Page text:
Tuesday, February 19, 2008

David Lynch's On The Air is great! I started watching in on VHS, and have so far seen the three episodes that actually aired.

Every episode just leads to this slapstick everything-goes-wrong-but-it's-all-right finale. There's stupid sound effects all over the place, and things repeat in each episode that aren't quite gags, but are just weirdness. Miguel Ferrer is a really good actor. There's also bits of extended sexual innuendo of the type that annoyed me on Arrested Development. Holy shit, was this show ahead of its time! Although also while looking back in time- there's all kinds of corniness and one character is your standard "foreigner" caricature.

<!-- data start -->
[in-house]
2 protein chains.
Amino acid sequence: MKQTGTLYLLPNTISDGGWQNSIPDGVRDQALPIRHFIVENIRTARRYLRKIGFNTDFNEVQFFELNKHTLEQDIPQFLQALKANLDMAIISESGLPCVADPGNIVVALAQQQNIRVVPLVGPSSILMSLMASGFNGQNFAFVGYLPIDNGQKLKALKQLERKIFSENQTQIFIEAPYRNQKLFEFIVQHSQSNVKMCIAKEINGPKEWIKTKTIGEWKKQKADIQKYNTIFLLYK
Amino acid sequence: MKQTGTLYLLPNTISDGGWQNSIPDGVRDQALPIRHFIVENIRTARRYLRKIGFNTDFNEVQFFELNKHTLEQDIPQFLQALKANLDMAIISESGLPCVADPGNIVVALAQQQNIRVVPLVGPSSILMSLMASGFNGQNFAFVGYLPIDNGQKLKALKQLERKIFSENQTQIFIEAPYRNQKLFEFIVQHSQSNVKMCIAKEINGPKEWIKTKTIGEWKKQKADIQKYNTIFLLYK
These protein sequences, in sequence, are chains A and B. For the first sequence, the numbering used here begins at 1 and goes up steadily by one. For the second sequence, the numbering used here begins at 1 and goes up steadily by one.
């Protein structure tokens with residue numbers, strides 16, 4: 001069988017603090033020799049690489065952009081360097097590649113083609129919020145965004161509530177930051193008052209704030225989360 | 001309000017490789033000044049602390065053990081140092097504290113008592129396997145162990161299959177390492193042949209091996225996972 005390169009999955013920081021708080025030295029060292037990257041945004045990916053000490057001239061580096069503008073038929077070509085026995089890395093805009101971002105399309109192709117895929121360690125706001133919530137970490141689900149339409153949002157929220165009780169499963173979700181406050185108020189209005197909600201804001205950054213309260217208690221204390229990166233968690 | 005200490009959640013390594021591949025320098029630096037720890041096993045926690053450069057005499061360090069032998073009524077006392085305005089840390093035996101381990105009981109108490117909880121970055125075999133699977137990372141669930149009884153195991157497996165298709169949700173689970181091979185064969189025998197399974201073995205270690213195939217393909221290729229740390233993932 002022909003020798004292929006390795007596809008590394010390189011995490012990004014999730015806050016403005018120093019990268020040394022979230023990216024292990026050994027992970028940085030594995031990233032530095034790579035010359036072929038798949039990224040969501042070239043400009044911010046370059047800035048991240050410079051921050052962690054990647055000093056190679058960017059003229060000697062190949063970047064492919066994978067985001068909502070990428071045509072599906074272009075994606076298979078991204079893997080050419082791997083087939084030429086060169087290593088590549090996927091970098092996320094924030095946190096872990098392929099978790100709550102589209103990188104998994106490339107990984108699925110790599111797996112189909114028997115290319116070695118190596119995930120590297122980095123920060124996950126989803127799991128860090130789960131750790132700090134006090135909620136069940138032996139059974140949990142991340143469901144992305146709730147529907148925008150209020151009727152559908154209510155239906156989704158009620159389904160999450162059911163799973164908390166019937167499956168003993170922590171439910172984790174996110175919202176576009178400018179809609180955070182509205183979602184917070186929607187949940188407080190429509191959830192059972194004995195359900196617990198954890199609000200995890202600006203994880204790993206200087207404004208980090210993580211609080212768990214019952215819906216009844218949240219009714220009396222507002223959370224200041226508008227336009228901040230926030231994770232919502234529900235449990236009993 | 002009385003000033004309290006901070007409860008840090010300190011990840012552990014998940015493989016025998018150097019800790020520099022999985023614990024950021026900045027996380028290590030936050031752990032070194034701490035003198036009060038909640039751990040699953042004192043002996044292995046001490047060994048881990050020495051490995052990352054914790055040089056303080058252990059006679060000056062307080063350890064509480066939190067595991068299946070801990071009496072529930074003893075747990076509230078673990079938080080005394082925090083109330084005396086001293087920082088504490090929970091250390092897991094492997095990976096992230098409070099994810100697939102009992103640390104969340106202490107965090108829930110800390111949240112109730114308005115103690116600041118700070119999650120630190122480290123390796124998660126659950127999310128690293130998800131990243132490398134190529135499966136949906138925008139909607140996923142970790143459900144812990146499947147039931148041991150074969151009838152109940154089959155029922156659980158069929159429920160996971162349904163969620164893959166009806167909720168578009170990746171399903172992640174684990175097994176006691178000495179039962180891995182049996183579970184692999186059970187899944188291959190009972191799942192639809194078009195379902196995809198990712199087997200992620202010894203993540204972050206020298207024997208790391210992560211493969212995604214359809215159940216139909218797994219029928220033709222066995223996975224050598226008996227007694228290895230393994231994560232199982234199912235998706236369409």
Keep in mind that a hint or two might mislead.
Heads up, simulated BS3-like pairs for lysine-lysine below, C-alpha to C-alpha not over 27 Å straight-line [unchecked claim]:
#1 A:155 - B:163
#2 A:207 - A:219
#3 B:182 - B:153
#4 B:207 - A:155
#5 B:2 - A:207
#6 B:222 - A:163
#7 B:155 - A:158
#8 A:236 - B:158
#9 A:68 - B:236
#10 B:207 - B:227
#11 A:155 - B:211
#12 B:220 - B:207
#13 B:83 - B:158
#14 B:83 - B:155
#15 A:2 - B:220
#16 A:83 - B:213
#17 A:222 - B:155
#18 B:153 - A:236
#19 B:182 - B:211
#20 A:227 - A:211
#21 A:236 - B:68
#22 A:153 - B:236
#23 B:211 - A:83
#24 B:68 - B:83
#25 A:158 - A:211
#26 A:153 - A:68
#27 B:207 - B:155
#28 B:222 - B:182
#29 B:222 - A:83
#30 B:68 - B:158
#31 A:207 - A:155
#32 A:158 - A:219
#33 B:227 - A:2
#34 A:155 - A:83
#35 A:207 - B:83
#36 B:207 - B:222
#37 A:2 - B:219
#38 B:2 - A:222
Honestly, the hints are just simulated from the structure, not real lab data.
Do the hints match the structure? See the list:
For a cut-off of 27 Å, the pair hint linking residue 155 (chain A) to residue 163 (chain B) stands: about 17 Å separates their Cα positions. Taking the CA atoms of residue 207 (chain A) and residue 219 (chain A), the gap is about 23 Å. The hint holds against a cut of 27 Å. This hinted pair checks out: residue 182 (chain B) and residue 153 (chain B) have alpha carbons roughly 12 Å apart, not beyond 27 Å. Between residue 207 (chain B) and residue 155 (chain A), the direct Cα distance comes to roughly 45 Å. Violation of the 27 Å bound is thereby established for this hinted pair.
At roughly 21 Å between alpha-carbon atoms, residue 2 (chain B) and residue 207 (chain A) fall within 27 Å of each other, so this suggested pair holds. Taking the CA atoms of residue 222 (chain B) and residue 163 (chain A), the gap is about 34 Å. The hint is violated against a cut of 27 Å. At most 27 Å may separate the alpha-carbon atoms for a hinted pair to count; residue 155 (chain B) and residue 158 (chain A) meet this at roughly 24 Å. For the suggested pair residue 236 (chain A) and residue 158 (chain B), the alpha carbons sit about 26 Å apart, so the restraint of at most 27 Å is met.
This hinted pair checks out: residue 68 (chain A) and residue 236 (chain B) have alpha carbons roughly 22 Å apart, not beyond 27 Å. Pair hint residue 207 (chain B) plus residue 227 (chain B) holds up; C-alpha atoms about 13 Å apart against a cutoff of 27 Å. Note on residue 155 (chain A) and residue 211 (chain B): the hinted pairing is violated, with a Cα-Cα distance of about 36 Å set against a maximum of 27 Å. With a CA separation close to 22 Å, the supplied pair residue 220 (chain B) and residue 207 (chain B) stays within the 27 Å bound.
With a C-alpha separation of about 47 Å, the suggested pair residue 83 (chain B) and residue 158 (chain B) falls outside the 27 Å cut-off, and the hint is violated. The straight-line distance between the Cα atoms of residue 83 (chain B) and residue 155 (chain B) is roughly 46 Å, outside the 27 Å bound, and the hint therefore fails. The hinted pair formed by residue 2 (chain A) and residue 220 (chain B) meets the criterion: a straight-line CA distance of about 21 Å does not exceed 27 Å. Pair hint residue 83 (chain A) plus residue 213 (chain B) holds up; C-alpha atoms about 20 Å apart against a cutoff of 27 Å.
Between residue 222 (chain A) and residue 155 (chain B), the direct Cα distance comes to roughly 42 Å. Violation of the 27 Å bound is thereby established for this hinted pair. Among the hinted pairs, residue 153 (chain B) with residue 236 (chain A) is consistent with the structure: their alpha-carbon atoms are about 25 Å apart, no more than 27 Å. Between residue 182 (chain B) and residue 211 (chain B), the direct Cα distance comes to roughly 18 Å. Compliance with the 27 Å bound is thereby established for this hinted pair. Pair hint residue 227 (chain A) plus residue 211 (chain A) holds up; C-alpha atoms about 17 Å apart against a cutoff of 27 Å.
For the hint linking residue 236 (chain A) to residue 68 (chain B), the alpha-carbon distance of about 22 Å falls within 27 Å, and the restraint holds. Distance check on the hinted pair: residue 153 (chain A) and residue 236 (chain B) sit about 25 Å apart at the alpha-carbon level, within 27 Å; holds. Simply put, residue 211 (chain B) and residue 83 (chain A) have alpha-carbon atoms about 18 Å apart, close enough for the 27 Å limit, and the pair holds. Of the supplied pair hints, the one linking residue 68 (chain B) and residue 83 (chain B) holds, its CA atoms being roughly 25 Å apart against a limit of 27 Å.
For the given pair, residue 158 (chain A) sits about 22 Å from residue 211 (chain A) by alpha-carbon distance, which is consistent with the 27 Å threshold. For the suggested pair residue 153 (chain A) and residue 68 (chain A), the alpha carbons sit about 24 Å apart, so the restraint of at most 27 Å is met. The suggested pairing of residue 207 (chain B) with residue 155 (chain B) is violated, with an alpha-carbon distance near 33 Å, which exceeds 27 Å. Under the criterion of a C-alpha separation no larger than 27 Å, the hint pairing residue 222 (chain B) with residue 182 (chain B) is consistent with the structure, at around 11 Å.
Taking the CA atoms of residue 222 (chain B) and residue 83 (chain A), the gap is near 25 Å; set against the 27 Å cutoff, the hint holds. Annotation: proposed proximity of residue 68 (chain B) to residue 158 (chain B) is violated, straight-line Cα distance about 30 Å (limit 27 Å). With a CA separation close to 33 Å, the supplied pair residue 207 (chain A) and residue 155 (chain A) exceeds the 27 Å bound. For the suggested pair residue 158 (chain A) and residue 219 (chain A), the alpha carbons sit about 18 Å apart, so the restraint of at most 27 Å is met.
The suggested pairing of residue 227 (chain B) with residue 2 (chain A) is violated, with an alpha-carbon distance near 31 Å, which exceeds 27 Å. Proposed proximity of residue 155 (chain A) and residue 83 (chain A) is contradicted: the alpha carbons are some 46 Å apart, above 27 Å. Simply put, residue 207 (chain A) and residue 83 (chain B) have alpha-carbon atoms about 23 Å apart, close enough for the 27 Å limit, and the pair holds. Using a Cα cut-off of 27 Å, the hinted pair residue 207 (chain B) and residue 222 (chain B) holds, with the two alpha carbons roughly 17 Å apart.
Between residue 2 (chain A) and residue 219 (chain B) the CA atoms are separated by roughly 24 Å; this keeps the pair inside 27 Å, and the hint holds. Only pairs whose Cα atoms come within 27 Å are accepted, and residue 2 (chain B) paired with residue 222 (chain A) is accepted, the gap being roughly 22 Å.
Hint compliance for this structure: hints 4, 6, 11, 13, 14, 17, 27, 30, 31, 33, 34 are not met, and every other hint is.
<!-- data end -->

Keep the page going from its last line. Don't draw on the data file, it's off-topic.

David Lynch just directed the pilot, but like with Twin Peaks, his style hangs over the episodes he didn't direct. It's kind of the opposite of what you'd expect from him- a slapstick comedy- but the way in which he's present totally works and is amazing.

I'm not bemoaning the loss of it from the airwaves or anything, because part of the reason I like it is because it's clear (ABUNDANTLY clear) why it would be a failure, but I would bet money it was funnier than anything on ABC at the time, or since. It's completely the opposite of The Simpsons or Seinfeld- probably the only examples of funny things at the time- partly because of how assured it is in its corniness and lack of hipness. Which is mainly why it's so great. I laughed really hard at this show, but it's funny on a number of different levels.

It seems like this great companion piece to 30 Rock, actually, in that its that show's complete opposite.

Sunday, February 17, 2008